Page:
overcast, light snow, highs minus 4
The reason I know the forecast is because I listen to my friend Mike Finnerty on CBC Radio One in Montreal. Mike and I worked together in Quebec City centuries ago, when he was just starting and I was a senior journalist. I moved to Montreal and when he came too a year or so later we re-established our friendship and became quite close. Even, dare I admit it, collaborated on a script for Star Trek: The Next Generation. The agent who sold many scripts to the programme read it and took us on, but sadly the show was cancelled shortly afterward.
Mike and I began working together on the same radio show, and as can happen when two strong willed people come together at work, we had a falling out. It was an excrutiatingly slow process. We'd pretend all was well, but quietly hurt each other. we'd have periods when we didn't speak (on a team, that really isn't good). It was unbelievably painful to lose a friend like that, and in so public and obvious a way. And to have to still work together so closely every day.
Eventually Mike quite and I followed shortly afterward. Mike went on to a fantastic, stellar career at the BBC in London. I, of course, was consumed with jealousy. Not only was my sworn enemy doing brilliantly, but he was doing a job I'd have loved to have had in a city I adore.
But with the passage of time something happened. We both grew up. I can't remember whether he contacted me or I contacted him, but when I was in London a couple of years ago promoting STILL LIFE we got together for lunch. I was very afraid. Afraid perhaps I'd buried my putrid emotions rather than letting them go. So easy to mistake the two. Afraid of being alone, over a long, long meal with someone I no longer had anything to say to.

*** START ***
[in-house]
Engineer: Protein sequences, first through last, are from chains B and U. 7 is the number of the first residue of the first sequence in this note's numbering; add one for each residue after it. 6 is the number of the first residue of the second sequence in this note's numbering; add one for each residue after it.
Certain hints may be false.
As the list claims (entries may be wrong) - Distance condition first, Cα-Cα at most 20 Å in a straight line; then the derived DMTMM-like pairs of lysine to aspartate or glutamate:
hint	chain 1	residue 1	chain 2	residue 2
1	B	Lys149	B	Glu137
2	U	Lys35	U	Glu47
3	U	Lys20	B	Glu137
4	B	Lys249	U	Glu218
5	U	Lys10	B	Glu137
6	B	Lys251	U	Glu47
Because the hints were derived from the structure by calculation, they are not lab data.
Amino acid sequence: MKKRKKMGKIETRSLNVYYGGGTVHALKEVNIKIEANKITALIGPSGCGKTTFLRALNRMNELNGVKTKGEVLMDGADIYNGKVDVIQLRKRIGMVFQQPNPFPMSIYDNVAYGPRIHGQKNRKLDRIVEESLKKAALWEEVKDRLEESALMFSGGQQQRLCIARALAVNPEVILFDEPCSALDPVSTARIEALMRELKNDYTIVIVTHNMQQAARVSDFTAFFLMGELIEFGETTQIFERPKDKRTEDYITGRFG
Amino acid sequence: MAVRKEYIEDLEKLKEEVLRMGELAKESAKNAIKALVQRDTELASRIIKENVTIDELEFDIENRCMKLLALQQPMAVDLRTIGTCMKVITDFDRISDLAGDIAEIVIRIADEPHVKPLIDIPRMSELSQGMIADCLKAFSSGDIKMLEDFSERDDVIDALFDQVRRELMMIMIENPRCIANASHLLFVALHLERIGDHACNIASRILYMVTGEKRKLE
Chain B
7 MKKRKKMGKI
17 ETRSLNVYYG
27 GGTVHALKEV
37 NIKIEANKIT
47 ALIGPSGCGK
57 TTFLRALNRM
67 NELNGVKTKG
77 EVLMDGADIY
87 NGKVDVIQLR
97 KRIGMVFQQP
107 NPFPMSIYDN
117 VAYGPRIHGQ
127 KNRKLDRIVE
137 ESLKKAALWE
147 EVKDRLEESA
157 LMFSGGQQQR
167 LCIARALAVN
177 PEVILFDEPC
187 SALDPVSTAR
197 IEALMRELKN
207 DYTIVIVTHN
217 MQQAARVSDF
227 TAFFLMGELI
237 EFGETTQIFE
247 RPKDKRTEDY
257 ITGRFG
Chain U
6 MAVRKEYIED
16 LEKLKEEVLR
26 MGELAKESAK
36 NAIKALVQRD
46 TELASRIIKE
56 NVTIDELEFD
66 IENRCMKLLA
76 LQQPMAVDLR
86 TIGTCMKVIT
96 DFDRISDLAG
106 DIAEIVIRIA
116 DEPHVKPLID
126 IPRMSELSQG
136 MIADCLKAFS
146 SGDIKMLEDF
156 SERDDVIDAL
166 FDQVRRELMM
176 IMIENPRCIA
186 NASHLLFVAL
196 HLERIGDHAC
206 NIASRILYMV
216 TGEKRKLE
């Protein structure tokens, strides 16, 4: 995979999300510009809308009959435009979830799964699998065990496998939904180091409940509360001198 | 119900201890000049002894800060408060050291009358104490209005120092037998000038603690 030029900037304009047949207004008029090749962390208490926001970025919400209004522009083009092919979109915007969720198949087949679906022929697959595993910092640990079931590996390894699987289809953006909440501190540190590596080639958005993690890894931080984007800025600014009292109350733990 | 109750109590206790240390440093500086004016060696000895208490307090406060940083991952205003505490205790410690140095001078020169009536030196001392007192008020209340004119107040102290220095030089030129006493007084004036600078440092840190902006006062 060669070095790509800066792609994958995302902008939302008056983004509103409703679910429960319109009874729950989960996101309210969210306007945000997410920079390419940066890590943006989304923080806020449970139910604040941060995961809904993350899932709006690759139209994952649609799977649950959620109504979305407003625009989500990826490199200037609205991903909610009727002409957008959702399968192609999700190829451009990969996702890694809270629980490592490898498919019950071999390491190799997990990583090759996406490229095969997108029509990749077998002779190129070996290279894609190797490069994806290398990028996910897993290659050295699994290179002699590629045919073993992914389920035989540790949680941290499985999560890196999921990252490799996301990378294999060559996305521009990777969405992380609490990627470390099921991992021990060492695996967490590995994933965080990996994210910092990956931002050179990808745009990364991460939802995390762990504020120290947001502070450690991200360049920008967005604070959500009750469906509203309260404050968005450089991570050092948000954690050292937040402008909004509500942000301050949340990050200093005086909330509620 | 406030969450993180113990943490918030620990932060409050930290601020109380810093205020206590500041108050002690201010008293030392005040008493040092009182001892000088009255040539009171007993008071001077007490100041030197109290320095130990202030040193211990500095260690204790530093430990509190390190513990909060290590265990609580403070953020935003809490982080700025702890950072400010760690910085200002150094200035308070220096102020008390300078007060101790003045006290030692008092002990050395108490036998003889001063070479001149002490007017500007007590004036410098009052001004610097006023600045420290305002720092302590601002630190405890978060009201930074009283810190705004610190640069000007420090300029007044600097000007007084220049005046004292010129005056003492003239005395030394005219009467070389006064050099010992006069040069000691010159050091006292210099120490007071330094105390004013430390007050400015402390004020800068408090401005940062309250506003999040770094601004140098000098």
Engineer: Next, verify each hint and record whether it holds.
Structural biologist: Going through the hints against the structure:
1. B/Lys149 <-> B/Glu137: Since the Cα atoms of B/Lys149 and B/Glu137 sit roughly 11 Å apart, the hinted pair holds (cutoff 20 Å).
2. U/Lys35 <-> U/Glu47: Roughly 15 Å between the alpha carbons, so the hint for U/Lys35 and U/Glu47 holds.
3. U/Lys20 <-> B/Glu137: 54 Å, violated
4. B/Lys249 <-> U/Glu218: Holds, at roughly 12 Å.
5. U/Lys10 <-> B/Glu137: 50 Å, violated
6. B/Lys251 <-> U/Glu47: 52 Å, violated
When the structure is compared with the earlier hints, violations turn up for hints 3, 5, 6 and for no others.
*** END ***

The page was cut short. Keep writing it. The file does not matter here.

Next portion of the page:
But there was something I wanted to tell him.
He met me at Broadcasting House in London. I was curious to see whether my envy had followed me there, shadowed me. But I felt nothing, except unease at seeing him. And wondering if I'd turned fat, drab, dull in the meantime. He showed up, and was all bright and smiling and wonderful. The Mike I'd loved as a friend so many years ago.
He gave me a fascinating tour of the BBC and his offices and the programmes he oversaw, and with each step my dread lessened.
Then over lunch I said the one thing I'd wanted to say to him for a long time. I told him I was sorry. I'd been a horses ass, and behaved very badly. And I wanted to apologize.
It was a lovely, quiet, peaceful moment in a frantic London lunch hour restaurant.
He smiled and said he was sorry to.
And we left it at that. No need for a catalogue. But it was clear we both felt differently. The old resentments had been let go.
I remember reading somewhere, and probably writing, that time doesn't heal old wounds. Time, on its own, does nothing. With some people (and all my books are based on this) time makes old wounds fester. I write about it because I've seen it in people. People who let go of nothing. They might think they have, they certainly claim to have. But it's still there. One resentment piled on others, because if you hold on to one slight you hold on to many. Until finally resentment turned to bitterness and bile.
No, time does nothing. It's what we do with time that matters. If you want to let things go, heal, move on, forgive and be forgiven - then time is your friend.
I know that about myself. I feel things deeply, perhaps too deeply. I get my feelings hurt. And sometimes I hurt others, by mistake or on purpose. But I never hold on to anger. Sometimes it takes minutes to pass, sometimes decades. But with each moment I'm working to let it go. If only because I don't want to be shackled to that person for the rest of my life.
It was a moment of great grace, in that London restaurant, when Mike and I started on the long road back to friendship and trust.
And now he's back in Montreal. He stayed in our apartment while getting himself sorted here and preparing to take over as host of the flagship CBC radio show. And he comes down to the country and stays with us, getting to know Michael and Michael him.
We feel a bit like a family, with Mike as a brother. In fact, he's almost exactly the same age as my beloved younger brother Doug.
And I'm genunitely proud of him and thrilled for him and his happiness is mine.
And it's a relief.
Michael and I are off to Quebec City today - 2 1/2 hour train trip - wonderful! Staying at a hotel in the Old City. Going out for dinner tonight with our great friend Susan McKenzie, then doing the national CBC Radio show, Sounds Like Canada with Shelagh Rogers tomorrow morning. If you live in the Quebec City area, come on by - it would be such fun to see you there. It's between 9 and 10:30 - in the Chateau Frontenac, overlooking the astonishing St. Lawrence river.
I probably won't write for a few days but will tell you all about it later.